A festival of current Japanese culture reveals a complex society
Riding a tidal wave of change
A festival of current Japanese culture reveals a complex society
The room is tiny enough to give North Americans instant claustrophobia. It is a mere nine feet square, and so low-ceilinged that anyone over six feet would have to stoop. Yet this is bedroom, living-room and kitchen to 27-yearold Yuiko Yoshimura, a Japanese fashionmagazine stylist. Copied exactly from her Tokyo bachelor apartment, the reconstructed dwelling is one of the most popular exhibits at Today’s Japan, a $6.5-million festival currently running at Toronto’s Harbourfront Centre. Filled with Yoshimura’s own belongings, including her tiny bed (no futon here), plastic floor cushions and a TV tuned to a Tokyo channel, the space is a typical one for many poor and single people in urban Japan. The only old-looking object is a small stool of dark wood. Perhaps a family heirloom, it recalls the increasingly tenuous connection of the Japanese to their culture’s past.
Yoshimura’s apartment makes a fitting symbol for Today’s Japan, which reveals a country struggling to cope with the byproducts of its economic success, from overcrowded cities to an identity crisis spawned by manic consumerism. Billed as the largest showing of contemporary Japanese culture ever mounted in North America, the festival (which opened on Sept. 17 and runs until Nov. 26) offers an eclectic mix of drama, dance, visual arts, architecture, literature, film and public lectures. Most of the performances and exhibits reflect a Japan infinitely more complex than the stereotyped notions held by the North American public. “Japanese artists are very concerned with the effects of technology on the human spirit,” says Harbourfront general manager William Boyle, who originated the idea for the festival in 1989. “They are talking about the role and plight of the individual in a very uniform society— including the challenges of living in an environment as dense as Tokyo.”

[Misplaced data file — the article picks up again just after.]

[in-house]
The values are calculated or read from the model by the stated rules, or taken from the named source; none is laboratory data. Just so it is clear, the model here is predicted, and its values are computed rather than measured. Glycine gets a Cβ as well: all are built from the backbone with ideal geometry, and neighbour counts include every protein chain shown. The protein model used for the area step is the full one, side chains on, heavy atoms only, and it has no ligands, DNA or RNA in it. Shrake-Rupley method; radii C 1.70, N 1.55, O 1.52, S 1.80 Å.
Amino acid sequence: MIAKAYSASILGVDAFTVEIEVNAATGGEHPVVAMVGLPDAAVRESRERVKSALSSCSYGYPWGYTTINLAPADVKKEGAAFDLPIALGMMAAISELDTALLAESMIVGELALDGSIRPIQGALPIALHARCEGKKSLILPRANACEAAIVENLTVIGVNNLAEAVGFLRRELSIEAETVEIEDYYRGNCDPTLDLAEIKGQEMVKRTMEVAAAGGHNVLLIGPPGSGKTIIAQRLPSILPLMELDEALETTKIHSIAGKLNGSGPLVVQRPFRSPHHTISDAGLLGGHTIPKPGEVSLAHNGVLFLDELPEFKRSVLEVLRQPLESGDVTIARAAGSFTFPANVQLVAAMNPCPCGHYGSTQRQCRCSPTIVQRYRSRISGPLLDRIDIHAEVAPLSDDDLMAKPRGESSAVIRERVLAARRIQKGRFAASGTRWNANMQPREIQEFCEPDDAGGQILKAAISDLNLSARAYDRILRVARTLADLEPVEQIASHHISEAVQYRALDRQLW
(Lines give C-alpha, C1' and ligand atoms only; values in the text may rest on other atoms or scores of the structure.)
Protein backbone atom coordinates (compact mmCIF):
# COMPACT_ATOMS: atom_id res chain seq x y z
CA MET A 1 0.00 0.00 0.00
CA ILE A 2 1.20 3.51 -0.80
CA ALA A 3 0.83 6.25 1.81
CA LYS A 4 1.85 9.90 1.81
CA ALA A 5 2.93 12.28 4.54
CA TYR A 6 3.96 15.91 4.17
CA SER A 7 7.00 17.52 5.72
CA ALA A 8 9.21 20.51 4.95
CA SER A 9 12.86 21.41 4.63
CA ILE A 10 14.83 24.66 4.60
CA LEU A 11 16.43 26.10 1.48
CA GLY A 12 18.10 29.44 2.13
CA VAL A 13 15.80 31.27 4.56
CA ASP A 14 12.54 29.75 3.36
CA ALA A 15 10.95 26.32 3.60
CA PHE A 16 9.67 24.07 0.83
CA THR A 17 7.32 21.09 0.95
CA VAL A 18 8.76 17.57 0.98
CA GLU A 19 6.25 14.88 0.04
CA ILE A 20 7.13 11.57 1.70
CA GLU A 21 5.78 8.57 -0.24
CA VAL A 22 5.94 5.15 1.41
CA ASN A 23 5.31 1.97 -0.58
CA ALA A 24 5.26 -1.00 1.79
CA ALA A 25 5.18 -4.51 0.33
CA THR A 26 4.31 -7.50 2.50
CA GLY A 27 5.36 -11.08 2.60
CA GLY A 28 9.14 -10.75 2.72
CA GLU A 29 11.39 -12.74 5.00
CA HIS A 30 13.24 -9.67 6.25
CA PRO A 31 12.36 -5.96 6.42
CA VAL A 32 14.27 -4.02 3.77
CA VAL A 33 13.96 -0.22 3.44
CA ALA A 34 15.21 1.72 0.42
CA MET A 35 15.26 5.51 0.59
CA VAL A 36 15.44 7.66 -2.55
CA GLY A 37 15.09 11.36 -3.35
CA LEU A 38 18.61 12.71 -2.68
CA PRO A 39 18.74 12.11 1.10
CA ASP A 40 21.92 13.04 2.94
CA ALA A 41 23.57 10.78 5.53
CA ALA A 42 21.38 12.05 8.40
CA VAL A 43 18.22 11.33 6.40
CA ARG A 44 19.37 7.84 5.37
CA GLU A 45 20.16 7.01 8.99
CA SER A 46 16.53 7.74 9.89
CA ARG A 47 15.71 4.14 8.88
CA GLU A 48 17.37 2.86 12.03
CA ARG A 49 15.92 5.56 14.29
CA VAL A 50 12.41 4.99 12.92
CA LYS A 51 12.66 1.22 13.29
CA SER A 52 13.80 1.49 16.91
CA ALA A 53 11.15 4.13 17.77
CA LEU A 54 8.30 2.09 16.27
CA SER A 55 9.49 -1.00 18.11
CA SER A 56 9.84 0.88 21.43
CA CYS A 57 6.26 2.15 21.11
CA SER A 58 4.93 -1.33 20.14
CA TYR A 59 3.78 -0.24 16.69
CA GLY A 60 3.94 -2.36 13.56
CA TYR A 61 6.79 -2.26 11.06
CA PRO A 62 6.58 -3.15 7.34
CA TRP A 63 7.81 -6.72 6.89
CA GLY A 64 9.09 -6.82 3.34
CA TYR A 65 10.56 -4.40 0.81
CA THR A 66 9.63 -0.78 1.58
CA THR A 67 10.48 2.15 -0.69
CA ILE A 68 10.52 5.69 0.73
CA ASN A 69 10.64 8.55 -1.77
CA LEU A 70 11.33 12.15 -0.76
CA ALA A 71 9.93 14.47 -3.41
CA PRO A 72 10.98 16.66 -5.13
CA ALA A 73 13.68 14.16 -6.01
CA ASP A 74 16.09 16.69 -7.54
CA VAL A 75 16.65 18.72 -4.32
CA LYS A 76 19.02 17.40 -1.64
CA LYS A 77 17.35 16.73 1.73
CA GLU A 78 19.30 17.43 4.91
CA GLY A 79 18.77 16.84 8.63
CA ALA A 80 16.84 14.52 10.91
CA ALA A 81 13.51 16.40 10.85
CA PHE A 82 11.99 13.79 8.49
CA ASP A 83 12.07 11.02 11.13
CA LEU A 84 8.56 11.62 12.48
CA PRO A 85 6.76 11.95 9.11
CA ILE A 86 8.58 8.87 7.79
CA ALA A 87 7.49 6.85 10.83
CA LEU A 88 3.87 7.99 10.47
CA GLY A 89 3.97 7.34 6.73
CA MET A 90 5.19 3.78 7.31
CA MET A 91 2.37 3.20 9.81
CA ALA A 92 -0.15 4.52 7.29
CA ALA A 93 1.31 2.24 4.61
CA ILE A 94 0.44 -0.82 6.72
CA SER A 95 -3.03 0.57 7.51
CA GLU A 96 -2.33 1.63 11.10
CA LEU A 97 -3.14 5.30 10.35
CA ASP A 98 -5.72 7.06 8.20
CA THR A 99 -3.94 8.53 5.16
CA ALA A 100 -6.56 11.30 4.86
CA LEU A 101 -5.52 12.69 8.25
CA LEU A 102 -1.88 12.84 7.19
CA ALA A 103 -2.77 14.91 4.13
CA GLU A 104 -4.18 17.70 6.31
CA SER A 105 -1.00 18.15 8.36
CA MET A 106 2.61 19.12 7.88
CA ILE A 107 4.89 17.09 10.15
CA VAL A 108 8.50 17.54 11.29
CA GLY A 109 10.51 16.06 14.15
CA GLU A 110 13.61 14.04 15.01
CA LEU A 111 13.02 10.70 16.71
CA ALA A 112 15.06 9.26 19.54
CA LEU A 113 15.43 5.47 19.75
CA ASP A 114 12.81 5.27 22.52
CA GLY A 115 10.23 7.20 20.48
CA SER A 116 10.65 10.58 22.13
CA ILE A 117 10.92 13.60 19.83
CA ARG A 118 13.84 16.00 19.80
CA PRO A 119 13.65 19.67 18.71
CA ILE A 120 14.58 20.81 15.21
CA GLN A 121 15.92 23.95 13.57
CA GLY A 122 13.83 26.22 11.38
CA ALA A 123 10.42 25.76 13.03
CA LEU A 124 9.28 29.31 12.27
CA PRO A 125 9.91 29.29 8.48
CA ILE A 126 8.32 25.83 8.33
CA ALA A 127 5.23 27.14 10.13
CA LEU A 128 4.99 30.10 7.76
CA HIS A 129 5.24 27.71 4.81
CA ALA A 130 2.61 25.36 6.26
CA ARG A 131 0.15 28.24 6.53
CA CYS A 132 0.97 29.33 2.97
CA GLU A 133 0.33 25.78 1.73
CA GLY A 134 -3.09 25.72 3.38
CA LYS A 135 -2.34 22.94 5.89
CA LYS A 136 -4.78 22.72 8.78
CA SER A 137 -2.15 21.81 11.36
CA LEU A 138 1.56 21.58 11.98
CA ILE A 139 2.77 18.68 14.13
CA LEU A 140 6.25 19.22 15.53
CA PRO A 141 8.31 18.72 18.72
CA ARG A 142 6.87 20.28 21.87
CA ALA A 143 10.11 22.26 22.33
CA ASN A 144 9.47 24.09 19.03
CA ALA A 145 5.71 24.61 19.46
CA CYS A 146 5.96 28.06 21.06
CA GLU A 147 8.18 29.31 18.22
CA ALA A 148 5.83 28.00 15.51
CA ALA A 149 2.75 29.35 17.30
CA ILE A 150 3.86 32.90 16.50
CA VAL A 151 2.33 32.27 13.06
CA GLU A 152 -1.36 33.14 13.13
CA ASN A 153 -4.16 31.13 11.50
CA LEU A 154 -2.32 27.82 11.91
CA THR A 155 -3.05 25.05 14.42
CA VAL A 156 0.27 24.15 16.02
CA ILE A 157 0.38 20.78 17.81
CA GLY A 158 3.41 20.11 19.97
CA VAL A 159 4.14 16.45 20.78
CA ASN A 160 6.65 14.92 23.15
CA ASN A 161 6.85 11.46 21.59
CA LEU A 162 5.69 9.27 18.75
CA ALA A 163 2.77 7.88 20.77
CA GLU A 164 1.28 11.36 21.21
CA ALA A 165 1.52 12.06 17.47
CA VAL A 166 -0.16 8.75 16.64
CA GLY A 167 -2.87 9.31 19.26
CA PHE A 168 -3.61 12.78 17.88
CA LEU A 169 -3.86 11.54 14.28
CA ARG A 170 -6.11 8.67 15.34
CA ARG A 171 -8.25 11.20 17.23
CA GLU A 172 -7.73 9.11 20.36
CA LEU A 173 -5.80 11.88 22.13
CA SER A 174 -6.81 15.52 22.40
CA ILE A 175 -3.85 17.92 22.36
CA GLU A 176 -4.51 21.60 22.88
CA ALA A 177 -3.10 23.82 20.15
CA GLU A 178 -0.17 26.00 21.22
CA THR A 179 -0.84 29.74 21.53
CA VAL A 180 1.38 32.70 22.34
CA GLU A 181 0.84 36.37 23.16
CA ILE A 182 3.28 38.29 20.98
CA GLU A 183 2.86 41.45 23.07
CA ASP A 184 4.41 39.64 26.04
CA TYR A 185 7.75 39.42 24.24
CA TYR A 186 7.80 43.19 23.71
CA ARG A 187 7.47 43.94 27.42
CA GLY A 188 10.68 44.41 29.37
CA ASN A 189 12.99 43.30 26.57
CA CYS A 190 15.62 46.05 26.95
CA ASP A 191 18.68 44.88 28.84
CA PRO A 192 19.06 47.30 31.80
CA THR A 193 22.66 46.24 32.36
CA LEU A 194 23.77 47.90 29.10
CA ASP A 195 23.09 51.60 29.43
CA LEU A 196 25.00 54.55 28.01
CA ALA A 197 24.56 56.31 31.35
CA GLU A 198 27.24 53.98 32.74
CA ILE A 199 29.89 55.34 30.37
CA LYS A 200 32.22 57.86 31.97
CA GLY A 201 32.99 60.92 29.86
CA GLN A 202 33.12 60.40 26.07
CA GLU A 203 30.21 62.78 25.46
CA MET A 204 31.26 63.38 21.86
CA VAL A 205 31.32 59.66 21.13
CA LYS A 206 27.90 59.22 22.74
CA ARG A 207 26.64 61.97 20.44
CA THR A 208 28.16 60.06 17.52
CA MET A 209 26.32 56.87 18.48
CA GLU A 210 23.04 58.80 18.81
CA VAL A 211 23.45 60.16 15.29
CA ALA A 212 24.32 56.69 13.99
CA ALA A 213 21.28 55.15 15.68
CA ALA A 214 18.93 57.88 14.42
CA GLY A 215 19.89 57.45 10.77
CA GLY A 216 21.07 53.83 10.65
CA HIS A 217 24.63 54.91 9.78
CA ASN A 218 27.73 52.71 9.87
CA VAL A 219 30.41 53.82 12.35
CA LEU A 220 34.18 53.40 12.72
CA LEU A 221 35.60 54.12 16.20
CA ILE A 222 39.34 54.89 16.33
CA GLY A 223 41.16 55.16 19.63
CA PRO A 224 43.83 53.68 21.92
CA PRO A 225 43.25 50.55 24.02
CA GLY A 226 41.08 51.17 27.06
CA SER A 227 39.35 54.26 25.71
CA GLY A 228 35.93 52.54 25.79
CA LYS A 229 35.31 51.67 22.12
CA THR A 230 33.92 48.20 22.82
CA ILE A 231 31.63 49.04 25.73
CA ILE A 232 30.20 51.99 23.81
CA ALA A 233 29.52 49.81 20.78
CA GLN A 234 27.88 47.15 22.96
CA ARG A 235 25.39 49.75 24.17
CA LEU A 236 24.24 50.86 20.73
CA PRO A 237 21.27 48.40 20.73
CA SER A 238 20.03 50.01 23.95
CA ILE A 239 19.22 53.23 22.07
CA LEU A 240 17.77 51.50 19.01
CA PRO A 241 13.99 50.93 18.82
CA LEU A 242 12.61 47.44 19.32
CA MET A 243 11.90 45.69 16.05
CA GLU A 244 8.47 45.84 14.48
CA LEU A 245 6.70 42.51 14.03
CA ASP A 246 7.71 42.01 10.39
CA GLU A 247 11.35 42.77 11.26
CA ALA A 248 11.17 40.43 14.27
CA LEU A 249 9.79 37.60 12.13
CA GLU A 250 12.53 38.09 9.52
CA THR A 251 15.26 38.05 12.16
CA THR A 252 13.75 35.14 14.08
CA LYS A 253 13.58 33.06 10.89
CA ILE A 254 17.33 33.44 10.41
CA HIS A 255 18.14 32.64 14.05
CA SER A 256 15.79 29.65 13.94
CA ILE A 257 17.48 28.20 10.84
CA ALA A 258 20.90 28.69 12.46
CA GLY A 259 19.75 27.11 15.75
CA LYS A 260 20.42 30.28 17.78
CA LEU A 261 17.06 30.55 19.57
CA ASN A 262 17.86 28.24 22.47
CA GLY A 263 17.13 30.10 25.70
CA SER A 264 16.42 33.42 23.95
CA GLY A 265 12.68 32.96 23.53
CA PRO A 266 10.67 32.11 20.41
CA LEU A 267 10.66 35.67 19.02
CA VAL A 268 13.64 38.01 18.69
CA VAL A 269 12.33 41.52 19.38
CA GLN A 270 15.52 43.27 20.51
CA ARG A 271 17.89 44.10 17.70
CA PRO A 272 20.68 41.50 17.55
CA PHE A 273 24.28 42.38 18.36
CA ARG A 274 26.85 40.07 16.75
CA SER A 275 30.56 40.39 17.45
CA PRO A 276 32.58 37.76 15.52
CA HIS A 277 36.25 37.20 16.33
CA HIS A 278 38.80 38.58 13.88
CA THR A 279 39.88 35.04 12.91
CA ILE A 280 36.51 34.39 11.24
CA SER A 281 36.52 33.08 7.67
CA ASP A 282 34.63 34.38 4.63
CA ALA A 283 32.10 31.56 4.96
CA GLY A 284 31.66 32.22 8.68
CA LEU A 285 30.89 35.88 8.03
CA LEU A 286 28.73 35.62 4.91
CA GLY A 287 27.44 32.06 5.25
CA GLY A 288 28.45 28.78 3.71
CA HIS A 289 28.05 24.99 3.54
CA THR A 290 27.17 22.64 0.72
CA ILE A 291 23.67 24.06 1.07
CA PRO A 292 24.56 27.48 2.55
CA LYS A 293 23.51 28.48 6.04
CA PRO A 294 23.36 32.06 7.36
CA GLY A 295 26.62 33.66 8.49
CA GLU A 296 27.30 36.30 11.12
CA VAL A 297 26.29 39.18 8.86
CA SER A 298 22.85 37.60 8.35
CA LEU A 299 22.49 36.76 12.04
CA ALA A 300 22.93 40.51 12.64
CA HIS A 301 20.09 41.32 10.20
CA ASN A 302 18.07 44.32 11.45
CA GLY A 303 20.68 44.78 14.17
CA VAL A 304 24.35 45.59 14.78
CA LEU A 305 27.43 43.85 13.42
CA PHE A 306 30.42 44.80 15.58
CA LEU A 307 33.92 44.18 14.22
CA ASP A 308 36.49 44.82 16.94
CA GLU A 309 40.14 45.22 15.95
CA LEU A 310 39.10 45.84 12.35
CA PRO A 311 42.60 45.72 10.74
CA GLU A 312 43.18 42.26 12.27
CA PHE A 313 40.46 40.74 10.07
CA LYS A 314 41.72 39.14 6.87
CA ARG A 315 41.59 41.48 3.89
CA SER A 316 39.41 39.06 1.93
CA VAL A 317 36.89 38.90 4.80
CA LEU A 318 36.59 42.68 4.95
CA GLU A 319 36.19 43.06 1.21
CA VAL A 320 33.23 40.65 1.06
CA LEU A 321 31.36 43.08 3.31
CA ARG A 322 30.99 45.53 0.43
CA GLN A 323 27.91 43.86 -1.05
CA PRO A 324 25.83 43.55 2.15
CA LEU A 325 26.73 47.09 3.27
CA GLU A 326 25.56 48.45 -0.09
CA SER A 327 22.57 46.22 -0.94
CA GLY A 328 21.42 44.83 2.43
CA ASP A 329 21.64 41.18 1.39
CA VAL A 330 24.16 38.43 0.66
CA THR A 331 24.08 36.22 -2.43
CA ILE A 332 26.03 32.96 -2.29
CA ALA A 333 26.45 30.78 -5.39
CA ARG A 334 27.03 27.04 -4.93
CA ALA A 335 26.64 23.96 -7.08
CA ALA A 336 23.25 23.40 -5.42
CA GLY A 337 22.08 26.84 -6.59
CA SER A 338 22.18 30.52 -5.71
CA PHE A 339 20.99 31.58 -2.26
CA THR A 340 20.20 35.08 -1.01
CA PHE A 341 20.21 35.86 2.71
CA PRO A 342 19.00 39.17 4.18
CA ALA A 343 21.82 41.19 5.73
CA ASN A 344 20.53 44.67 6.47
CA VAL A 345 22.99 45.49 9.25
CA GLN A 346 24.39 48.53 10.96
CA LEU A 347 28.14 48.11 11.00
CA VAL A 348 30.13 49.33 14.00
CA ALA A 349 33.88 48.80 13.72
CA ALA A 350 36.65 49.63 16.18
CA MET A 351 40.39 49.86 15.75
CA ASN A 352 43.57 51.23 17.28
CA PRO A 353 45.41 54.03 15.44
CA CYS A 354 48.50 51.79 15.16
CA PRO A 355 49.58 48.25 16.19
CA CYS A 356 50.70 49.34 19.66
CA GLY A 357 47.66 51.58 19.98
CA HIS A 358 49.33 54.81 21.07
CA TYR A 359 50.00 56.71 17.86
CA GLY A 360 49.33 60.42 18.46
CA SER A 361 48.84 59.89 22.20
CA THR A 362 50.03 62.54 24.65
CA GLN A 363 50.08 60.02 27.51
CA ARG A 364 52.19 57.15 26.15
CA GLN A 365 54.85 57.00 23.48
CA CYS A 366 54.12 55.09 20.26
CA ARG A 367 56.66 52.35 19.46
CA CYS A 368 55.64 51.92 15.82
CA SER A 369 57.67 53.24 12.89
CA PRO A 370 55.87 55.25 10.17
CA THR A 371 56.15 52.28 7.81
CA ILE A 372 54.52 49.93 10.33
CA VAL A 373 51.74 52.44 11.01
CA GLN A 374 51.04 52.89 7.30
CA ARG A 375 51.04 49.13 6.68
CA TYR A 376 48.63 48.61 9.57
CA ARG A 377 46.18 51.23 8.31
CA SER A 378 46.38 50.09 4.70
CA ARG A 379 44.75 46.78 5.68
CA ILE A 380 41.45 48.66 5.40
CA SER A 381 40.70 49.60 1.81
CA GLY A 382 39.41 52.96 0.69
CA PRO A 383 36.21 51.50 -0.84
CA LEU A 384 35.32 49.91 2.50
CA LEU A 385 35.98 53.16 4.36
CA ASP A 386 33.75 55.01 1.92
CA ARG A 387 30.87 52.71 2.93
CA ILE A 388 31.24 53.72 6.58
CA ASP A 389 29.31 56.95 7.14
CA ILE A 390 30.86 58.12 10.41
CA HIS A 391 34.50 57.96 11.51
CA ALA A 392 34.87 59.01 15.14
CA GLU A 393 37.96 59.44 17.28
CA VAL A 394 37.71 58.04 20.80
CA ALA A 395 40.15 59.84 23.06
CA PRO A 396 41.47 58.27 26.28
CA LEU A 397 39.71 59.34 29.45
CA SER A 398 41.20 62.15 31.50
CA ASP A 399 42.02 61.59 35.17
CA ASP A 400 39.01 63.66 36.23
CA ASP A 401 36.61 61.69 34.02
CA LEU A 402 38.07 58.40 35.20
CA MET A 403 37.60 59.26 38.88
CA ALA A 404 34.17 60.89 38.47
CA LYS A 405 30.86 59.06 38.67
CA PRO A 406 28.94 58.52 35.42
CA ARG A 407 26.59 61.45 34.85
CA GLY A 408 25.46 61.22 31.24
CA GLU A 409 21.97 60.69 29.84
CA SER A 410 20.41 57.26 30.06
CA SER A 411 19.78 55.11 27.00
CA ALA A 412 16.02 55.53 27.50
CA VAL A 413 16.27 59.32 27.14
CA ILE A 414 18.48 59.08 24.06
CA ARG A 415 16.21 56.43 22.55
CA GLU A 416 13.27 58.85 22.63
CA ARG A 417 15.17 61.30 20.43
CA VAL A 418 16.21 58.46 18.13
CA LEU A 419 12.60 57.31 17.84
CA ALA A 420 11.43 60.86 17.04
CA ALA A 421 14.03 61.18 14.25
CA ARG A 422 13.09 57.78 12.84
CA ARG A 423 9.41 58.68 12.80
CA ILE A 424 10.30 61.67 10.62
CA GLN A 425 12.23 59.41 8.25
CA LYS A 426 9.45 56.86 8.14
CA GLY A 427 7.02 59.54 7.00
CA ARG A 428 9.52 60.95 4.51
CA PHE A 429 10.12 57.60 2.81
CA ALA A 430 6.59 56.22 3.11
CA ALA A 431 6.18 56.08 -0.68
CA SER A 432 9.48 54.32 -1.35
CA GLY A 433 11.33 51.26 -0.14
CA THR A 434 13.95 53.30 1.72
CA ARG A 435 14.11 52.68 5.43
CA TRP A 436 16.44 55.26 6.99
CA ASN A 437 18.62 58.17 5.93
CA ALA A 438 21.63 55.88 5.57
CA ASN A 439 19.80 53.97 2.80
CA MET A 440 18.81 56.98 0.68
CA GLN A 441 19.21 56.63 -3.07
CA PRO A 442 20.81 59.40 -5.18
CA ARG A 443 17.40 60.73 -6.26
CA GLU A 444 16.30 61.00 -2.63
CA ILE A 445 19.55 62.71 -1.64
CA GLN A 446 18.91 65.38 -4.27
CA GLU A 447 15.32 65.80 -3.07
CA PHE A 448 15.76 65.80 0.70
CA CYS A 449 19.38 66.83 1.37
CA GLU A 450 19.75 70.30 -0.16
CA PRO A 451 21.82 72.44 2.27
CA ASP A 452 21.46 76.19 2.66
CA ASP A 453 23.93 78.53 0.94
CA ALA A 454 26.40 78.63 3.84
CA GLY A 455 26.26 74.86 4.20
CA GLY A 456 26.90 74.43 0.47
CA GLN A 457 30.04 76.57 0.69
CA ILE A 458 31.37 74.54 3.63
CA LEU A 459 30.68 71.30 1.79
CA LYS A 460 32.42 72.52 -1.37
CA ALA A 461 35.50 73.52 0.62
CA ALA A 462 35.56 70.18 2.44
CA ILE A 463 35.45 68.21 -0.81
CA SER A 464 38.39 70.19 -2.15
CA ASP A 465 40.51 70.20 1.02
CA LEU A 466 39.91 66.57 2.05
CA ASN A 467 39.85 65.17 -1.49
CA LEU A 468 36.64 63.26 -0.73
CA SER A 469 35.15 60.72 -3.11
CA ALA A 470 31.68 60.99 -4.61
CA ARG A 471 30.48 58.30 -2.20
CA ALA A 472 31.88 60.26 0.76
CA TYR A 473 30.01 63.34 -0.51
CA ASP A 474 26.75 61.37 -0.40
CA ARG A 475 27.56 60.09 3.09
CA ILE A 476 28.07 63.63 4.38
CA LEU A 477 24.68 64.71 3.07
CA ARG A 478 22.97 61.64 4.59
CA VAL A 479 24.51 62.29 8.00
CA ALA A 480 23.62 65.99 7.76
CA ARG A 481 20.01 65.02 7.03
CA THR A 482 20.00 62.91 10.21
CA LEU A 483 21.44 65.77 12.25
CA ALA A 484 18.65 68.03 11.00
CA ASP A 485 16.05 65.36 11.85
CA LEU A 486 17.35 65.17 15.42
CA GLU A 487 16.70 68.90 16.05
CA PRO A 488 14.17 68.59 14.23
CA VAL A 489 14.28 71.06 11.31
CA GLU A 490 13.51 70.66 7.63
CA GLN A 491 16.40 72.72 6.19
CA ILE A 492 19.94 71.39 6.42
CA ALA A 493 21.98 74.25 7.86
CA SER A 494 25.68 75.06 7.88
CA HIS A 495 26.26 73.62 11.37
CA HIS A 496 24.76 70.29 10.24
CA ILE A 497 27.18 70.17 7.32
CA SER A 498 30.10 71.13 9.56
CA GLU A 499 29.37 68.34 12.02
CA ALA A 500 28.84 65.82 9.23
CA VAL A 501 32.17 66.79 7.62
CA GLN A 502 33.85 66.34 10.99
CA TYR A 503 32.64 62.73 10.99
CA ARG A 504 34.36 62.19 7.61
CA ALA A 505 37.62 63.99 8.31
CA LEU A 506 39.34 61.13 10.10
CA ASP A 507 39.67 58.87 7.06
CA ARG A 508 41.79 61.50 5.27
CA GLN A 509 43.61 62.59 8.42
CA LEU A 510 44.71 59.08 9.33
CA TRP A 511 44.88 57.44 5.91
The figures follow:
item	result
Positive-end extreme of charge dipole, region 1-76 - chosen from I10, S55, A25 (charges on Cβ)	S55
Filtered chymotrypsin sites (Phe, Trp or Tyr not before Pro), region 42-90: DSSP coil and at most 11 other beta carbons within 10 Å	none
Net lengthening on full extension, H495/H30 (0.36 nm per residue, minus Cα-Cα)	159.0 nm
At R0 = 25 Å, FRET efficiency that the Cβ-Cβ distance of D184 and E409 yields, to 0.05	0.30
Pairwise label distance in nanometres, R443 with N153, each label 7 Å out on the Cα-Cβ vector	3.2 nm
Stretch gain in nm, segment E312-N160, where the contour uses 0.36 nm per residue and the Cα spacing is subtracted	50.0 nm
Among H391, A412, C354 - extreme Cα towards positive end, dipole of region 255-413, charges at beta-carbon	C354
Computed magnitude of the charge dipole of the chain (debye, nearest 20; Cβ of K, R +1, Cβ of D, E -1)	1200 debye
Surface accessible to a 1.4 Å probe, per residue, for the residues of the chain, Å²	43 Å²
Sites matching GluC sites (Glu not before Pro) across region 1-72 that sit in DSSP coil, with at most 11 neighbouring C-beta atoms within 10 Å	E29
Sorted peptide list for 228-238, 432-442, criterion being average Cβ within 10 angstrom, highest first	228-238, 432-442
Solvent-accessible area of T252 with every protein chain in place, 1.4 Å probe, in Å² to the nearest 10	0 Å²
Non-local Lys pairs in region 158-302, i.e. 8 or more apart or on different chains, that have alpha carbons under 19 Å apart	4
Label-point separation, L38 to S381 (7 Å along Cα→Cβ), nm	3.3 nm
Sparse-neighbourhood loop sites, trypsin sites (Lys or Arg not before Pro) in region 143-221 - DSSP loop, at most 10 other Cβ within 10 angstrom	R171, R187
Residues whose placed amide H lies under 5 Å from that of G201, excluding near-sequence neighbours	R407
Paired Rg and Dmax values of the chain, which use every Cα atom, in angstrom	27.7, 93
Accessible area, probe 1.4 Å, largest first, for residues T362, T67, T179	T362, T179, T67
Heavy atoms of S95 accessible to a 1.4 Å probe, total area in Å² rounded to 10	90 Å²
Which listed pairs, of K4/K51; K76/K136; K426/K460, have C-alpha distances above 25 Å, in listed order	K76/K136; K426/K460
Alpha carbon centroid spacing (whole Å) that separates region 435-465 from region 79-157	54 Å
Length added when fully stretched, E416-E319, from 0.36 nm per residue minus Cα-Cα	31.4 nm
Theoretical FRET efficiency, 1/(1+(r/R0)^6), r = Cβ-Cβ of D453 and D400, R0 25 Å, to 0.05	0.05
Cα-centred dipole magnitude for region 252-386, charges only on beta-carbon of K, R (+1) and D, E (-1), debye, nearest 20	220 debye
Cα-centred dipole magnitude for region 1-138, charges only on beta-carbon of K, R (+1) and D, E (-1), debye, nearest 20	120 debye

Today’s Japan is the kind of show that, supporters of Harbourfront insist, irrefutably justifies the existence of the 100-acre complex, which nearly closed last spring because of announced cutbacks in federal funding. Public outcry—and pressure from the Japanese government to maintain the site for Today’s Japan—led Ottawa to reinstate support. For
all its variety, the festival maintains a remarkable consistency of theme: the attempt of Japan’s artists to tame the inherent anarchy of contemporary life with a combination of originality and renewed connections to Japan’s cultural legacy. That is particularly evident in the Design Sampling show, which features dozens of recent consumer goods— including backpacks, calculators, table lamps,
lipstick dispensers and even a motorcycle engine. Seen side by side, many of these objects suggest an astonishing stylistic unity—a common dedication to a compact simplicity and elegance.
According to the noted Japanese cultural critic Hiroshi Kashiwagi, the Harbourfront display reflects a turning point in Japanese design. In his introduction to the exhibit catalogue, he points out that during the inflationary “bubble economy” of the 1980s, myriad new consumer goods were produced. Copying international styles, designers pursued novelty for its own sake, appealing to what Kashiwagi calls “the undisciplined lifestyle spawned by a society of excessive and obsessive consumption.” But with the sobering collapse of the boom in the early 1990s, Japanese designers have begun to re-evaluate the public’s needs. Writing in the same catalogue, interior designer Shigeru Uchida suggests that many artists are now searching for a more truly functional and quintessentially Japanese sense of style.